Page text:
Um, what? I’m wondering if there’s a contingency of homosexuals in the band, or if perhaps Aidan enjoys going to a local gay bar on Monday nights.

At this point I’m just a bit surprised at how many gay people this family comes across, and am somewhat puzzled by why Breda so casually points it out every time the opportunity arises. By this time I think she’s adorable and would be sad to think she’s prejudiced.

Sometimes it takes a while for the penny to drop with me. By Tuesday evening when the four of us are drinking our coffee after dinner and yacking around the Aga, when Breda refers yet again to some Gays she serves on the board with at the Credit Union, I finally hear it.

Breda is saying GUYS. It’s the accent.

I broke out laughing and the others turned to me, eyebrows raised. When I was able to stop laughing long enough to explain what I’d thought she’d been saying, we all cracked up.

For me, “guys” sounds like GIZE. For Breda, it’s GAZE. And for Aidan and Bernadette, it was somewhere in between the two.

Since so many people all over the world are exposed to American accents on television, in the movies, and in music, our pronunciation doesn’t often surprise them. Perhaps a deep Southern accent might throw them, but heck — sometimes I miss a word pronounced with a strong Southern accent, too. For the most part, people in other countries may be entertained to hear a real person speaking with an American accent, but it’s not unfamiliar.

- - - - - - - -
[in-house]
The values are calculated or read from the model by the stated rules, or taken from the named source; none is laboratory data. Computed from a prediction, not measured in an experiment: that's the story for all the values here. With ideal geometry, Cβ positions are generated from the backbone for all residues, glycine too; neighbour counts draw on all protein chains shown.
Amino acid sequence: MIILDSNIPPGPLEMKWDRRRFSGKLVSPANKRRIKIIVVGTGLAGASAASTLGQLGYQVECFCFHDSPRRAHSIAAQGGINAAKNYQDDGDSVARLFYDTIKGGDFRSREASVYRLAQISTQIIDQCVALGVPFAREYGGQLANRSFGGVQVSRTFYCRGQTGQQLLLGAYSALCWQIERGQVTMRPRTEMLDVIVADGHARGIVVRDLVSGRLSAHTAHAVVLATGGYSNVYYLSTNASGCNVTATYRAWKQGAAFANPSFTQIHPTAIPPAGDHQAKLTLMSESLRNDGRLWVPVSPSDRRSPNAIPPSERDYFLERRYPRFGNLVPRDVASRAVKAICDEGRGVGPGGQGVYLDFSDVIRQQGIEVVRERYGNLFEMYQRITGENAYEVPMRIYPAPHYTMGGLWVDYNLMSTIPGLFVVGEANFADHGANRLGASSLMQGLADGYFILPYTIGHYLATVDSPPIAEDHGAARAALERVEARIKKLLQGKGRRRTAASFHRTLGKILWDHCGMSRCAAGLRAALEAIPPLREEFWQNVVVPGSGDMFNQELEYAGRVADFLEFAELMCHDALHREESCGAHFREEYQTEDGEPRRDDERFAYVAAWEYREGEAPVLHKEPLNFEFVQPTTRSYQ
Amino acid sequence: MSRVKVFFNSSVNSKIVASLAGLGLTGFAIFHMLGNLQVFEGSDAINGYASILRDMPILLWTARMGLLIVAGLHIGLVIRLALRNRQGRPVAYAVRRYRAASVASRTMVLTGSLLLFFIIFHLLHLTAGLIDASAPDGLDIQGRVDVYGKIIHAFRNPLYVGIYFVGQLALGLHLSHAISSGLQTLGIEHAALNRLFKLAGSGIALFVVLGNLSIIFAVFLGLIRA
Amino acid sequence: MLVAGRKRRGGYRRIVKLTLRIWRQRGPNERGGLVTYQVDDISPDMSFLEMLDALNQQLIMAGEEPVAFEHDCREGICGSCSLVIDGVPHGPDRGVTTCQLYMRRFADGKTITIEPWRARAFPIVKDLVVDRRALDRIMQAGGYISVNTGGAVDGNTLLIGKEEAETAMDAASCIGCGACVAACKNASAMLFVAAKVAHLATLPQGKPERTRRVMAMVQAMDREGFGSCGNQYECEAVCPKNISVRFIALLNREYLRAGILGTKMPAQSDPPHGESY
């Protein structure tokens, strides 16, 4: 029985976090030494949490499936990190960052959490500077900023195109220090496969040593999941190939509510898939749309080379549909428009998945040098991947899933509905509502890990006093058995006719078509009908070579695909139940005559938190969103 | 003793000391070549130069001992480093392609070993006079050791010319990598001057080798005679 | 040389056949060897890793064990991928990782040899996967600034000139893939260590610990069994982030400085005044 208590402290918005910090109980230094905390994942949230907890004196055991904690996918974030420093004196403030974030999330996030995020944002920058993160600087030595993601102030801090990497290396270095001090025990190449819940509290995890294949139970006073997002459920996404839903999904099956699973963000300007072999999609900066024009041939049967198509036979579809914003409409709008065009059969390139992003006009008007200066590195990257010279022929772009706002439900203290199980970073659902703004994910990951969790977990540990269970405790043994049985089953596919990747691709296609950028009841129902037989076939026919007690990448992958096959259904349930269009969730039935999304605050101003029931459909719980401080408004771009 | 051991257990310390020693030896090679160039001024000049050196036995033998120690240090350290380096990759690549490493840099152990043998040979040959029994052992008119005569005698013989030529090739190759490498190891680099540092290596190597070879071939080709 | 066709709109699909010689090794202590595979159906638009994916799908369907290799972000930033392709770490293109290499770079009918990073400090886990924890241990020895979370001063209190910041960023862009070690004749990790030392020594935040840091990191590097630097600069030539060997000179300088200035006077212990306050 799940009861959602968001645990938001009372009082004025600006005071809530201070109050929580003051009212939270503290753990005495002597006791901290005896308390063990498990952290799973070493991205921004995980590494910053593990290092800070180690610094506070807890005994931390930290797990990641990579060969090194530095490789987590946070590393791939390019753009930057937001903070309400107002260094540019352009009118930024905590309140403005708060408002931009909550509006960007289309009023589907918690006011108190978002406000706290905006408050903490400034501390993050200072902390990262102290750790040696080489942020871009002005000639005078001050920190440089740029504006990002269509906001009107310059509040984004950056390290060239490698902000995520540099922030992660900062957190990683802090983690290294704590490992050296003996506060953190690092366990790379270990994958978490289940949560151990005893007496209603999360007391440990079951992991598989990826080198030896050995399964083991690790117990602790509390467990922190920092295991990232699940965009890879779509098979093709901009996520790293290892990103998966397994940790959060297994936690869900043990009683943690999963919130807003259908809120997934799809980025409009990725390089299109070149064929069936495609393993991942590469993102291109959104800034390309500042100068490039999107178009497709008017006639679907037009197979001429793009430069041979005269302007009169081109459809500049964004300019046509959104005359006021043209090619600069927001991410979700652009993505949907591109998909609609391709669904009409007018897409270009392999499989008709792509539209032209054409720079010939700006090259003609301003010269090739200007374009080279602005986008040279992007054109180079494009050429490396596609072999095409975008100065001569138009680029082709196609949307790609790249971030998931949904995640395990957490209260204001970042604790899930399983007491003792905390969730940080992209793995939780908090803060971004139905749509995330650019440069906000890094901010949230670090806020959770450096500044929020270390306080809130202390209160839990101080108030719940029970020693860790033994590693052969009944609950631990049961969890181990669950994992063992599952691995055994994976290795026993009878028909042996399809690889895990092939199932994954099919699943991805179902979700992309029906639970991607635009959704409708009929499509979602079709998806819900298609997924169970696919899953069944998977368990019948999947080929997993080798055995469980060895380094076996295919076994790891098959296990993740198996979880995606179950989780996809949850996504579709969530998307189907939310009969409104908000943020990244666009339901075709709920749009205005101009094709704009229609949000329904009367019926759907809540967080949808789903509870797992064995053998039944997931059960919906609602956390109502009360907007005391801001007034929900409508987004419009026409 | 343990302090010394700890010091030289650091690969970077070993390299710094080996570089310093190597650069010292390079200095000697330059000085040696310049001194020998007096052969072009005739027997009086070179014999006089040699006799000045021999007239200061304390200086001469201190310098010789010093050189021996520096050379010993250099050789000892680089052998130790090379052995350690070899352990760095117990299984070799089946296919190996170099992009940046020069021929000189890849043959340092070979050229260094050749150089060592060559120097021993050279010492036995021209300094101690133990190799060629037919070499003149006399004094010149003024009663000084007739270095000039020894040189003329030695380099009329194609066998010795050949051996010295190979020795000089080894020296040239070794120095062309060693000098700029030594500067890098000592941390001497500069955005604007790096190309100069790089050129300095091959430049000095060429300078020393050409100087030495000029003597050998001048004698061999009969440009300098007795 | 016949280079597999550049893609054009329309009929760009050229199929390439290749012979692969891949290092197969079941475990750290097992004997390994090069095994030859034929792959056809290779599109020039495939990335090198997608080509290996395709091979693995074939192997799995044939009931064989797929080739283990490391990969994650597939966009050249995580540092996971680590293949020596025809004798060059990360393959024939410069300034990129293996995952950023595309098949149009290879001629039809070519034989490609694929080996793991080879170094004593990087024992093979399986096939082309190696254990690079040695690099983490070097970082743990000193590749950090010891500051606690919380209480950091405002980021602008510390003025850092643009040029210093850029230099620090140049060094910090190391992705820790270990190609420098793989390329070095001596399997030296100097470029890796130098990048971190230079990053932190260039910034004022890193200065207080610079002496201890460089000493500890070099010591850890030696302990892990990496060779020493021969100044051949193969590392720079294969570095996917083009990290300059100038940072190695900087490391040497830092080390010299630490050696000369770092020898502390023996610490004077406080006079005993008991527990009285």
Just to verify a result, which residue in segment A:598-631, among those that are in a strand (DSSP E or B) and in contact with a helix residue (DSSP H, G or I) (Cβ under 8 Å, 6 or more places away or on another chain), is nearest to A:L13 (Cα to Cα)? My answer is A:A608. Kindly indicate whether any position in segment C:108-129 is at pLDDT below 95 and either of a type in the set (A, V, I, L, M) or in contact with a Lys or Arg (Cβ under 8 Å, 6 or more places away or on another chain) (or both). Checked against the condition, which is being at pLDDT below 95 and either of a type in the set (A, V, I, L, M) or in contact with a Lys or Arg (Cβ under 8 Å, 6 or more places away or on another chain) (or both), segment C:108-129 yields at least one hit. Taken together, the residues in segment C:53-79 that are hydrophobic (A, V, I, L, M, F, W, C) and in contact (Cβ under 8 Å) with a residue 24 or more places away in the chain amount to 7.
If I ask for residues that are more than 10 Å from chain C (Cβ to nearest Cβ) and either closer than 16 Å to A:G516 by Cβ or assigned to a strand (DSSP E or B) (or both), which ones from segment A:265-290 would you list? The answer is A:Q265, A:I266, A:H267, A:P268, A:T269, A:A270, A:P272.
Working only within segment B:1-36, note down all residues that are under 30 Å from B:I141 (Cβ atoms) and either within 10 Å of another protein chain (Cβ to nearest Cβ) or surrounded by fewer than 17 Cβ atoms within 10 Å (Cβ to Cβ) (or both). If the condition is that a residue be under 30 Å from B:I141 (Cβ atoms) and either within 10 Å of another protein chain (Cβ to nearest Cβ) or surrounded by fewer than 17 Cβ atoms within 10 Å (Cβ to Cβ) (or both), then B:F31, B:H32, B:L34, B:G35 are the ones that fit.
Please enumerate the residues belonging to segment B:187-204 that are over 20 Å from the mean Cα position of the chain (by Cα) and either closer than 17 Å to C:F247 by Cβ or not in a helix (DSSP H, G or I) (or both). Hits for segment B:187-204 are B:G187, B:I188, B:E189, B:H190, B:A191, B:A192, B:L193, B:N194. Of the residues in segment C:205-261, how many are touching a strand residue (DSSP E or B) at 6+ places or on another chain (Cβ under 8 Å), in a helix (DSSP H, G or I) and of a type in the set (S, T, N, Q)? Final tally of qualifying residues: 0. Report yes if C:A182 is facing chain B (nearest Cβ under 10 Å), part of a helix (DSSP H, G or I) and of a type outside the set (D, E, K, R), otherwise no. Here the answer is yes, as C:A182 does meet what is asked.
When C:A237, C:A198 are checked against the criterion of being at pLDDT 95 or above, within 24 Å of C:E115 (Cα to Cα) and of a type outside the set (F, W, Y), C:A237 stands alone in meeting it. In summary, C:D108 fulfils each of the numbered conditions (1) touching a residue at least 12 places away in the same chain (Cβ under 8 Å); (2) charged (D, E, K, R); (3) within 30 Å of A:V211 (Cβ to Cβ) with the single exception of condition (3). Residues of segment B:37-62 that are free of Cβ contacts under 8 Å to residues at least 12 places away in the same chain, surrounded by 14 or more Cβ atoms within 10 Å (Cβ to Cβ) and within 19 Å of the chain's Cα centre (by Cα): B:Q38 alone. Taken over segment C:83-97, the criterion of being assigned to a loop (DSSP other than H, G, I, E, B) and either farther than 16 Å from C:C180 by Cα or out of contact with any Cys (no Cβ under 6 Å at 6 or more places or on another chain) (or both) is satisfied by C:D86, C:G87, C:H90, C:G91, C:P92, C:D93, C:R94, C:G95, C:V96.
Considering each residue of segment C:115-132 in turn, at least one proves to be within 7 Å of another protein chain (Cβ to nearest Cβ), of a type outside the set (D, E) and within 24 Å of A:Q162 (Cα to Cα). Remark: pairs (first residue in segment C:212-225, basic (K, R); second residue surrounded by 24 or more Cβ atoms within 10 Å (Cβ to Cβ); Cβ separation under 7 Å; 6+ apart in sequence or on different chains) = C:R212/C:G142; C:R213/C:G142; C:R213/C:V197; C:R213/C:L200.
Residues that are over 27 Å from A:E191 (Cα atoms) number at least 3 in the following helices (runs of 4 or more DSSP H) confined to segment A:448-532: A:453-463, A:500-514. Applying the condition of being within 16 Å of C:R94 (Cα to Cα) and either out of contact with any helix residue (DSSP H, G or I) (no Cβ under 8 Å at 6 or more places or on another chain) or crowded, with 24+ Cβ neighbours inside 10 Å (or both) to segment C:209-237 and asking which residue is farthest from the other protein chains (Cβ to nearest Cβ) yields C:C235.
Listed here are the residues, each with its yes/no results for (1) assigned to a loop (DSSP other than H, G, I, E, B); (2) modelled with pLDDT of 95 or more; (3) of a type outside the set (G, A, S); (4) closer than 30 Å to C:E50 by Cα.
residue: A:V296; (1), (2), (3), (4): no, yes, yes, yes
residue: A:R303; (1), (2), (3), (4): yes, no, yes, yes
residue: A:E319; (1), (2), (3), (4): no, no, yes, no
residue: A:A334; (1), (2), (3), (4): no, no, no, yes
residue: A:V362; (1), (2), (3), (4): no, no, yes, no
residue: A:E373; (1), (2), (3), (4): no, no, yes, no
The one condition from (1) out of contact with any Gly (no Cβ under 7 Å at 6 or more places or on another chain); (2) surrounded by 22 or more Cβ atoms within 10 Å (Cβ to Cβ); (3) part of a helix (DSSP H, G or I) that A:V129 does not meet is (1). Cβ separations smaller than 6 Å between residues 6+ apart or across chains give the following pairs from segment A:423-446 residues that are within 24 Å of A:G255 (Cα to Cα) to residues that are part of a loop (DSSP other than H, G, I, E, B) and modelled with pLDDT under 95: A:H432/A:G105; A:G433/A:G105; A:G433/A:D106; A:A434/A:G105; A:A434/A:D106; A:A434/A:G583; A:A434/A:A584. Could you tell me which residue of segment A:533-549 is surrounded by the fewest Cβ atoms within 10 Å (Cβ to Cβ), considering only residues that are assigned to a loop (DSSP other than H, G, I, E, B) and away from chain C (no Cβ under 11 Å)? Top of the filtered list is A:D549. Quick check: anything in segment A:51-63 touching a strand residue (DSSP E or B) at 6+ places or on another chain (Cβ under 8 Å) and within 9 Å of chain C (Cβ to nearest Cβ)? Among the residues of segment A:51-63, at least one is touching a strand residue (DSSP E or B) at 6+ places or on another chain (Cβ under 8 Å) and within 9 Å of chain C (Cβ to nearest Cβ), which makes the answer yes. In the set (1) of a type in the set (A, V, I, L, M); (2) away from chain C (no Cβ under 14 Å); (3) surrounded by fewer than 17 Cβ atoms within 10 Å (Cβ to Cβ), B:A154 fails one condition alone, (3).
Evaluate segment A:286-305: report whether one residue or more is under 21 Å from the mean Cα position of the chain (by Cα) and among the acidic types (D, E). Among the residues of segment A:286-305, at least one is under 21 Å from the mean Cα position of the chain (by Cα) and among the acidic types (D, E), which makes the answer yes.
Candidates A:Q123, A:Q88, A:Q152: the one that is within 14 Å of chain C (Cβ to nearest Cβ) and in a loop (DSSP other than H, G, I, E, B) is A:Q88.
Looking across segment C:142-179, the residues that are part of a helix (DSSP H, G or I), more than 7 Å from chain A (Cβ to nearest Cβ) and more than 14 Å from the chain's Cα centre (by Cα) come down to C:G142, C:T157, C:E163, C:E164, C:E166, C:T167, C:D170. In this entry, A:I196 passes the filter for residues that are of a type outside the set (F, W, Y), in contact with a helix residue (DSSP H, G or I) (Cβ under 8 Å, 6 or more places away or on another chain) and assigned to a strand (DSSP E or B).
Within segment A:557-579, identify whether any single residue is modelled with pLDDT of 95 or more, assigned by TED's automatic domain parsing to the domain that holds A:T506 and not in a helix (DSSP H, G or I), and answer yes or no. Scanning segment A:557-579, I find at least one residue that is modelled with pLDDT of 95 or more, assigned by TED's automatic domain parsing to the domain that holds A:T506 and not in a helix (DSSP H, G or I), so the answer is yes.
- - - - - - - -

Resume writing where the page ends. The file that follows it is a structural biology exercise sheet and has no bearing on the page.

But when you’re traveling abroad – whether to Ireland or England or Australia or to any other English-speaking country, don’t be surprised if you have a harder time comprehending the locals than you’d expect. When in doubt, ask for clarification, or you may come to conclusions that aren’t quite as accurate as you’d think!

Happy holidays, you GIZE!

Memory glitches

cropped-crazy-phone-princessI just addressed a get well card to a friend’s mother. She’s in the hospital back in my home town, so I went online to check the hospital’s mailing address. As I copied the street number on the envelope, I realized I didn’t need to check the zip code, even though I haven’t lived there in many years. Like my first phone number (Howard 6 3817) and the lyrics to my favorite songs from junior high, those bits of information seem to be permanently embedded in my brain, available for instant recall.